Estimation of Far-field Coseismic Deformation Caused by the Recent Giant Earthquakes

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34

Estimation of Far-field Coseismic Deformation Caused

by the Recent Giant Earthquakes

Nguyen Anh Duong

*,

Vu Minh Tuan, Bui Van Duan,

Vi Van Vung, Nguyen Thuy Linh

Institute of Geophysics, Vietnam Academy of Science and Technology, 18 Hoang Quoc Viet, Cau Giay, Hanoi, Vietnam

Received 17 March 2017

Revised 20 April 2017; Accepted 25 May 2017

Abstract: In this paper, we estimate coseismic displacements in Vietnam caused by the 2004 Sumatra and the 2011 Tohoku earthquakes using static fault models in a layered spherical earth model. We find that the 2004 Sumatra earthquake caused southwestward movement of about 56 mm in Southern Vietnam and gradually decreasing to the north. While the 2011 Tohoku earthquake moved the area in the opposite direction, by about 0.9 mm to the east and about 0.4 mm to the north. The difference in amplitude of coseismic displacements is due to the distance from each source fault to the study area and the compact slip region of the 2011 Tohoku earthquake affected to the size of coseismic deformation area. Our results indicate that it is necessary to take into consideration of the coseismic deformation induced by the giant earthquakes on discussion of tectonic deformation in Vietnam.

Keywords: Earthquake, coseismic displacement, static fault model, Vietnam.

1. Introduction

In the early 21th century, two giant earthquakes occurred: the 26 December 2004 M9.1 Sumatra earthquake [1] and the 11 March 2011 M9.0 Tohoku earthquake [2]. These earthquakes occurred at about 1000 km and 4000 km distance from Vietnam, respectively, if we refer to epicenters. The 2004 Sumatra earthquake ruptured at least 1200 km of the megathrust along the plate boundary between the Indian - Australian plate and the Eurasian plate. Its epicenter located the southernmost end of the source region. Thus, the distance from the study area to the earthquake epicenter is shorter (about 800 km). While, the 2011 Tohoku earthquake is the largest seismic event occurred after the 2004 Sumatra earthquake. This event occurred near the northeastern coast of Honshu Island, Japan, as a result of thrust faulting caused by the Pacific plate subduction beneath the Japan Island Arc. The fault rupture is characterized by a compact region of high-slip of about 450 km long and about 200 km wide localized near the trench with a large maximum slip up to 60 m [3].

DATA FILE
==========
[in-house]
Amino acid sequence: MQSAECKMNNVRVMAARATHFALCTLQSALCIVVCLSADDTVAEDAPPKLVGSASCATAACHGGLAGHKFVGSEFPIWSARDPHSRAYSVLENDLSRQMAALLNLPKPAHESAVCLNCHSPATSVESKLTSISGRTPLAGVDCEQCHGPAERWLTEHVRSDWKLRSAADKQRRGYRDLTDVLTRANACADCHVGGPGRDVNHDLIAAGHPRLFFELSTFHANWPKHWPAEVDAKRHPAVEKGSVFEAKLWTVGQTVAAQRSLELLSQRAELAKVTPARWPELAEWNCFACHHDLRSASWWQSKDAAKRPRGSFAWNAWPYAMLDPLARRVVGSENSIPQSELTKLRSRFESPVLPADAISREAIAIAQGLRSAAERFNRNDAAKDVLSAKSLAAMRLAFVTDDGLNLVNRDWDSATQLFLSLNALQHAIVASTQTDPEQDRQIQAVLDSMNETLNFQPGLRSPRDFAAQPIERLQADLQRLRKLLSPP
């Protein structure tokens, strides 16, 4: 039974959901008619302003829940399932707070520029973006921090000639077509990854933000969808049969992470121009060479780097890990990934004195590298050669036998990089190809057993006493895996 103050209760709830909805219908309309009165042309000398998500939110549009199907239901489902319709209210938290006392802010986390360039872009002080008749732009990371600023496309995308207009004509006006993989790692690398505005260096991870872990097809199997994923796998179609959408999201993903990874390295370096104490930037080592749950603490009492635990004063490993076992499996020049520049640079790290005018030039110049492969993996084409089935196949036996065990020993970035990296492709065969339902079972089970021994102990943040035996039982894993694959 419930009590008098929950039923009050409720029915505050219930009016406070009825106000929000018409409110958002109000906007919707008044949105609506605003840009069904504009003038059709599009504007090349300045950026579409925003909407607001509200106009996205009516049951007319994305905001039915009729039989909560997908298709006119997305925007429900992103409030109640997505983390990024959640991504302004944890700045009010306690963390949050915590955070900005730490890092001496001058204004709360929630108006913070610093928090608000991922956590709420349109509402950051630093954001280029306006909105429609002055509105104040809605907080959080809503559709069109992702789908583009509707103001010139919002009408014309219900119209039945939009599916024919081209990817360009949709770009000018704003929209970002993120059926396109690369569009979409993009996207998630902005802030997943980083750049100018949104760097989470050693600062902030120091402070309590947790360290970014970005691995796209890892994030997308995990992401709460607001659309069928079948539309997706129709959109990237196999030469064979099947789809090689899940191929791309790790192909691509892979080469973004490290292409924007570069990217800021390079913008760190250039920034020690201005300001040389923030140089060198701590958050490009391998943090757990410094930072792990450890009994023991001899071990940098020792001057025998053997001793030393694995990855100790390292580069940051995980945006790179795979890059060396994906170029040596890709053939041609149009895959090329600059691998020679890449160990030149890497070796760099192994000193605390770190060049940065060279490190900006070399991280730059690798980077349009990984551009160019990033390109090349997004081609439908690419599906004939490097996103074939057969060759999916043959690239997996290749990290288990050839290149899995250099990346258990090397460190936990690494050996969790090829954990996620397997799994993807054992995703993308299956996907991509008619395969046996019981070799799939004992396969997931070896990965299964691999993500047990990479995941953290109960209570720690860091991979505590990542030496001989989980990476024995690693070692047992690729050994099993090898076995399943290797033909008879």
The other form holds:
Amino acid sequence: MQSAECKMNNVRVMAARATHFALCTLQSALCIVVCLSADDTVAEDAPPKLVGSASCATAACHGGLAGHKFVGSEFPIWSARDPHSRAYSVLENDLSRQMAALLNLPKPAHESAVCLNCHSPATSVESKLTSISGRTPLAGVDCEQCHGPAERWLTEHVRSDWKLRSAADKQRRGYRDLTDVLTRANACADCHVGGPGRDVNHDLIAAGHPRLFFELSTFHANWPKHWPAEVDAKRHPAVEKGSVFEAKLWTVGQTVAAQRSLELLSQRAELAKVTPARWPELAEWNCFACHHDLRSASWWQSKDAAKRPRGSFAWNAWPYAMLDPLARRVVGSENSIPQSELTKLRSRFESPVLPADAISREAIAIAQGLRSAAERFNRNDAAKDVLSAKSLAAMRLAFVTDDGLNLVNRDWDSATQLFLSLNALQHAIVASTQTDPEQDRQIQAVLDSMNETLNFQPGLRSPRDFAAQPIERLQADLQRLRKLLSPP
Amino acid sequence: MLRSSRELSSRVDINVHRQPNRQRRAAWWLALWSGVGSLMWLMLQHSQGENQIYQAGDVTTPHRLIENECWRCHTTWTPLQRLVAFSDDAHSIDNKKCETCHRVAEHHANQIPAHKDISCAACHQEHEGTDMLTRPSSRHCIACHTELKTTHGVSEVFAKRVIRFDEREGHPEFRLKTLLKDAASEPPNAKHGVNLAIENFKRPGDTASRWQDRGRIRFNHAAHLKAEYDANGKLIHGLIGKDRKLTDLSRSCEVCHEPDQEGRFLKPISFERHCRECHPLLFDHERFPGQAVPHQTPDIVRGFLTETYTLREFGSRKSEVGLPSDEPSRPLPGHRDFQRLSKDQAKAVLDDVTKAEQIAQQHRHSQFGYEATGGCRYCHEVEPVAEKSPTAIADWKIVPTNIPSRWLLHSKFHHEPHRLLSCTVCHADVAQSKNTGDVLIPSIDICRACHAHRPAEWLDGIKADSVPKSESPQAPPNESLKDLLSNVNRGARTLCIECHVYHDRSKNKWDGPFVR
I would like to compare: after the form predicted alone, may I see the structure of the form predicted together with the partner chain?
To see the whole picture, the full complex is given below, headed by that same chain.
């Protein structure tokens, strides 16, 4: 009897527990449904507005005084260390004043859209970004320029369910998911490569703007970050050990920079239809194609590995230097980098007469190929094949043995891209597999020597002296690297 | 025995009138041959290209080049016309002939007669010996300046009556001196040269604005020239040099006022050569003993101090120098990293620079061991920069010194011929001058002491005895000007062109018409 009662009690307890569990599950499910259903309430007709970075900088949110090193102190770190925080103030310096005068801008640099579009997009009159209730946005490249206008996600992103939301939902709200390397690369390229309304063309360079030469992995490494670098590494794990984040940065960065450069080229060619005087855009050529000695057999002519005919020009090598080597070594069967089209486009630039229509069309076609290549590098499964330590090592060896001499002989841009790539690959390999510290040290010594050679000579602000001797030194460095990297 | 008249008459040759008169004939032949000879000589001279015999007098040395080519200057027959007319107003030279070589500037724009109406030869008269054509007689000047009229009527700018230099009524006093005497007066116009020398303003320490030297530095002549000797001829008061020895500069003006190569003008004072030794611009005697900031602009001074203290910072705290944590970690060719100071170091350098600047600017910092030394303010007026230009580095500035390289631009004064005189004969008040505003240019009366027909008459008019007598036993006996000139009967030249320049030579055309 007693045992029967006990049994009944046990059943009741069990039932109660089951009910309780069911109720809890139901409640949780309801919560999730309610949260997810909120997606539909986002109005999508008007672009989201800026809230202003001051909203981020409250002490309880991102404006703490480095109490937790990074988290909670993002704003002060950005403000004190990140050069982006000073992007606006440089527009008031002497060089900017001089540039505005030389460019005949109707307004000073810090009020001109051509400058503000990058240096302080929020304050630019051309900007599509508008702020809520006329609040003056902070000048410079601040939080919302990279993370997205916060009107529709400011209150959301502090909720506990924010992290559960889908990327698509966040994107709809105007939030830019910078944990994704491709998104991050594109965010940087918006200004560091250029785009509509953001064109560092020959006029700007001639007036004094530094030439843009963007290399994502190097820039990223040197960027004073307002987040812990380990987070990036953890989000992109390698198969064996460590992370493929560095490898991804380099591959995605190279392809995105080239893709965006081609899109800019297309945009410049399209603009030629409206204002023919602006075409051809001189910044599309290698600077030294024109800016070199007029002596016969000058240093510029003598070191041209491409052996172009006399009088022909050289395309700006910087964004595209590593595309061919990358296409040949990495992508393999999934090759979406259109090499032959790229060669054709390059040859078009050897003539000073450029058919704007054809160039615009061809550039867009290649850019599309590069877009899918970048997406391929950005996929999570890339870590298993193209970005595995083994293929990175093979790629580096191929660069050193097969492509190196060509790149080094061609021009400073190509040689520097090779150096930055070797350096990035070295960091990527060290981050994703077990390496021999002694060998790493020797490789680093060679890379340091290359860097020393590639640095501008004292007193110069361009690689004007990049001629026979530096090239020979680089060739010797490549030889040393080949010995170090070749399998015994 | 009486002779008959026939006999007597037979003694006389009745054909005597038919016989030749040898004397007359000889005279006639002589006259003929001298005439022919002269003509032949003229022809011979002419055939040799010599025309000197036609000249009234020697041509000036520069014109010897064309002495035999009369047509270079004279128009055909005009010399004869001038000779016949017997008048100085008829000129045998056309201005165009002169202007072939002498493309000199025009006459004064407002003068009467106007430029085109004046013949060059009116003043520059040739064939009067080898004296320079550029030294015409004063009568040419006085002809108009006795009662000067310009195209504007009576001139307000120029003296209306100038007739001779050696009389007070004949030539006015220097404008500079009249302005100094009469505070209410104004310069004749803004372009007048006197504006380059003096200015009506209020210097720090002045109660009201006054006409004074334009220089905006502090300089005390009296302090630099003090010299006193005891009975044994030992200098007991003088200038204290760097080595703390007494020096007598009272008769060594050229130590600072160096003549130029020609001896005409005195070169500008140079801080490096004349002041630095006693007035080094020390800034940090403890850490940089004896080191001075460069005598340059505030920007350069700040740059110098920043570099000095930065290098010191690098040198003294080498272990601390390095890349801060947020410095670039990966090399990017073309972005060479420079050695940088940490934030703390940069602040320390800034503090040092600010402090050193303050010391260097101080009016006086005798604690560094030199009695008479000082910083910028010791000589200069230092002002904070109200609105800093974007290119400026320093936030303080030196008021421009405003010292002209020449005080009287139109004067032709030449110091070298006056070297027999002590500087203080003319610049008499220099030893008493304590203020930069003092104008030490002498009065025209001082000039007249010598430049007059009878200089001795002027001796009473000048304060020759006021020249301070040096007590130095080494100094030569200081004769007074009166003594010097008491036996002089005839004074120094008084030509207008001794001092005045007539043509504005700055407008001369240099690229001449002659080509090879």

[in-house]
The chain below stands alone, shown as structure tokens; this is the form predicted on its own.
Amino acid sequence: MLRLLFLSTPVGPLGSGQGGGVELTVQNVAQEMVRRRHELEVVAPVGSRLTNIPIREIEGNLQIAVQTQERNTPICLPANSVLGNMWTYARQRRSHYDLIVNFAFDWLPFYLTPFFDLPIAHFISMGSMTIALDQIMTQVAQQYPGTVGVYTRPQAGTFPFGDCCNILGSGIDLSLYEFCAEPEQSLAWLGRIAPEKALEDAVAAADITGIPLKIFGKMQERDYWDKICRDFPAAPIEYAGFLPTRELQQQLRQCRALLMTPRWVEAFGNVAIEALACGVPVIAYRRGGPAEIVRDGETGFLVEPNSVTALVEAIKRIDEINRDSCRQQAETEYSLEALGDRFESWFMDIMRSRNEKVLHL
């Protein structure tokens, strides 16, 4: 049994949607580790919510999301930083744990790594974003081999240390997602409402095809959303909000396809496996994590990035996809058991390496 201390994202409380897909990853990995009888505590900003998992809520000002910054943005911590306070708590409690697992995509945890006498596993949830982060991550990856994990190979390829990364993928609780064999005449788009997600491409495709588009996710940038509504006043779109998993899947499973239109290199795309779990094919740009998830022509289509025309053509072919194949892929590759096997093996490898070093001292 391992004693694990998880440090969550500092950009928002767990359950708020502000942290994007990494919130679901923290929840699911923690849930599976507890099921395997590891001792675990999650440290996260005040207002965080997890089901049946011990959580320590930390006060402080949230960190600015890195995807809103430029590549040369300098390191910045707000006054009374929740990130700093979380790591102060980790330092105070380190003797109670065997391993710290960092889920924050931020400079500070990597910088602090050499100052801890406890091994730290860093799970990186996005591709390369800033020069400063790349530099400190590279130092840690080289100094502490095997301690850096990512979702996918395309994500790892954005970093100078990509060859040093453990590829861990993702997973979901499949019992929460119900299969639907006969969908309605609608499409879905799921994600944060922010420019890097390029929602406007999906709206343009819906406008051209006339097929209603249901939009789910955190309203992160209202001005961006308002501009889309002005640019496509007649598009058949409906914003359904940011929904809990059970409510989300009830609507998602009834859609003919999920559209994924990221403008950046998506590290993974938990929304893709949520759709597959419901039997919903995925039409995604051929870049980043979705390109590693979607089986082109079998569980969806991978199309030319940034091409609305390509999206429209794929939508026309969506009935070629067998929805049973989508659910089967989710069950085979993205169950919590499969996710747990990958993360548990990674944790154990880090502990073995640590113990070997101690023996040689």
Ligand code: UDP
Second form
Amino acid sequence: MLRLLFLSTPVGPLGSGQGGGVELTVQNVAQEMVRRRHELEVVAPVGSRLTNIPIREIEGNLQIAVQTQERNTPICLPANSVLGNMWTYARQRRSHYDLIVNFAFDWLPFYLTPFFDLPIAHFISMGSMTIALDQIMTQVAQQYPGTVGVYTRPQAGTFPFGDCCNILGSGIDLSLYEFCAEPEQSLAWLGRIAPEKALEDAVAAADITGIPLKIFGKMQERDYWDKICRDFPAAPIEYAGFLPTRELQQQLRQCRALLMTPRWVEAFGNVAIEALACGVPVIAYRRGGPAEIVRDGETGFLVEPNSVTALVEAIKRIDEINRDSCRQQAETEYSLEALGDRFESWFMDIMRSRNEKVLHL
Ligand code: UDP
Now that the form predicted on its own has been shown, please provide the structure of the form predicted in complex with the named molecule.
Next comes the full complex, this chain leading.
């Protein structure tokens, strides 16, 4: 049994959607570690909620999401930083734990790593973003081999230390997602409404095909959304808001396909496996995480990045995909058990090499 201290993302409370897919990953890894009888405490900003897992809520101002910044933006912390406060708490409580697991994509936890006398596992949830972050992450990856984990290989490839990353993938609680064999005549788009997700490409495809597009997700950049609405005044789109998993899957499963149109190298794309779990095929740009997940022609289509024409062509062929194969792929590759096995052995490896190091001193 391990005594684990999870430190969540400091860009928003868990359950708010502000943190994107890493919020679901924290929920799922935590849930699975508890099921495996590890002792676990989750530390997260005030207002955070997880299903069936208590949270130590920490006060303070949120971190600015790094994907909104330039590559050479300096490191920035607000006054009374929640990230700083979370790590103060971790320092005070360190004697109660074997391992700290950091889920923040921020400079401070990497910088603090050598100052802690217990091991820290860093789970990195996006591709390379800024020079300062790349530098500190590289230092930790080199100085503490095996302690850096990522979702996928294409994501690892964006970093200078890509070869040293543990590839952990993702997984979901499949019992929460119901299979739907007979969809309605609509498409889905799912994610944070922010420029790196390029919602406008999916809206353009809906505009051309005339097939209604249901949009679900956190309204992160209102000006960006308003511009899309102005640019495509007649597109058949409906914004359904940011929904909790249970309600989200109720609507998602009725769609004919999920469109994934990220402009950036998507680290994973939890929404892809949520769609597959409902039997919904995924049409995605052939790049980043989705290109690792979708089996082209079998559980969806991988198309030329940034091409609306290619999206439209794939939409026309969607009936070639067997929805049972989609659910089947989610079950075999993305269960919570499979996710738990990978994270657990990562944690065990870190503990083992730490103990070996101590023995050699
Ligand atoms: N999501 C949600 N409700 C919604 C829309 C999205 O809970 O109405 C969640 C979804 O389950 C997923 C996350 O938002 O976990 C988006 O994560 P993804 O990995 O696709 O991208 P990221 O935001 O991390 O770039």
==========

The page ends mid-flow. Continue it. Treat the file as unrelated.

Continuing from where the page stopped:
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Corresponding author. Tel.: 84-912022658. Email: duongnaigp@yahoo.com

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Based on GPS observation as well as dislocation model for a spherical body, far-field coseismic offsets produced by these earthquakes at distances thousands of kilometers away from the earthquake rupture were shown to be over 1 mm [4, 5]. The tectonic movement estimation is largely impacted by the coseismic offsets if not taking them into account. Therefore, the effect of these distant giant earthquakes must be considered to discuss crustal deformation in Vietnam where tectonic deformation rate is not high, so considering the precision requirements. In this study, the coseismic displacements induced by those earthquakes are calculated at GPS sites and seismic stations in Vietnam, serving for removing the effect of the earthquakes on the actual tectonic movement to better understand tectonic loading processes in this region.

2. Theory

We assume the Earth is a spherical geometry with radius R. In the epicentral coordinate system, an observation point is R=(R, , ), in which  and  are latitude and longitude, respectively. An earthquake source has coordinates at Rs=(R=Rs, =0). The bulk modulus and shear modulus are assumed to be laterally homogeneous, depending only on radius.

The total displacement at the observation point caused by the source is obtained as a summation of spheroidal and toroidal modes and given by

(1)

where and are for spheroidal and toroidal modes, respectively.

(2)

(3) is the surface gradient operator,

(4)

According to Edmonds [6], is defined as the fully normalized spherical harmonics of total degree l and azimuthal order number m. With positive m, we have therefore

(5) where is the associated Legendre polynomial, and the first term of the asymptotic expansion of

for large l is given by

(6)

where

In particular, (5) becomes

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Complex conjugation of is

(3)

The corresponding normal and shear tractions are shown

(9)

for spheroidal models, and

(10)

for toroidal models, where T denotes the stress tensor in a isotropic medium.

3. Modeling

Along with technological development in instrumentation as well as data analysis software, GPS has become a common tool for geophysical investigation in 1990’s. In Vietnam, the first geodetic network of 16 GPS sites covering Red River fault zone was installed in 1994 to obtain their precise coordinates and their temporal changes [7]. Many GPS sites in Vietnam have been continually observed since then [8], thereby their velocities are considered to be free from the effect of seasonal and long period noise [9]. On the other hand, the impact of the far-field coseismic displacements caused by the 2004 Sumatra and the 2011 Tohoku earthquakes may be significant. So we estimate displacements caused by these earthquakes at the GPS sites using static fault models of these earthquakes.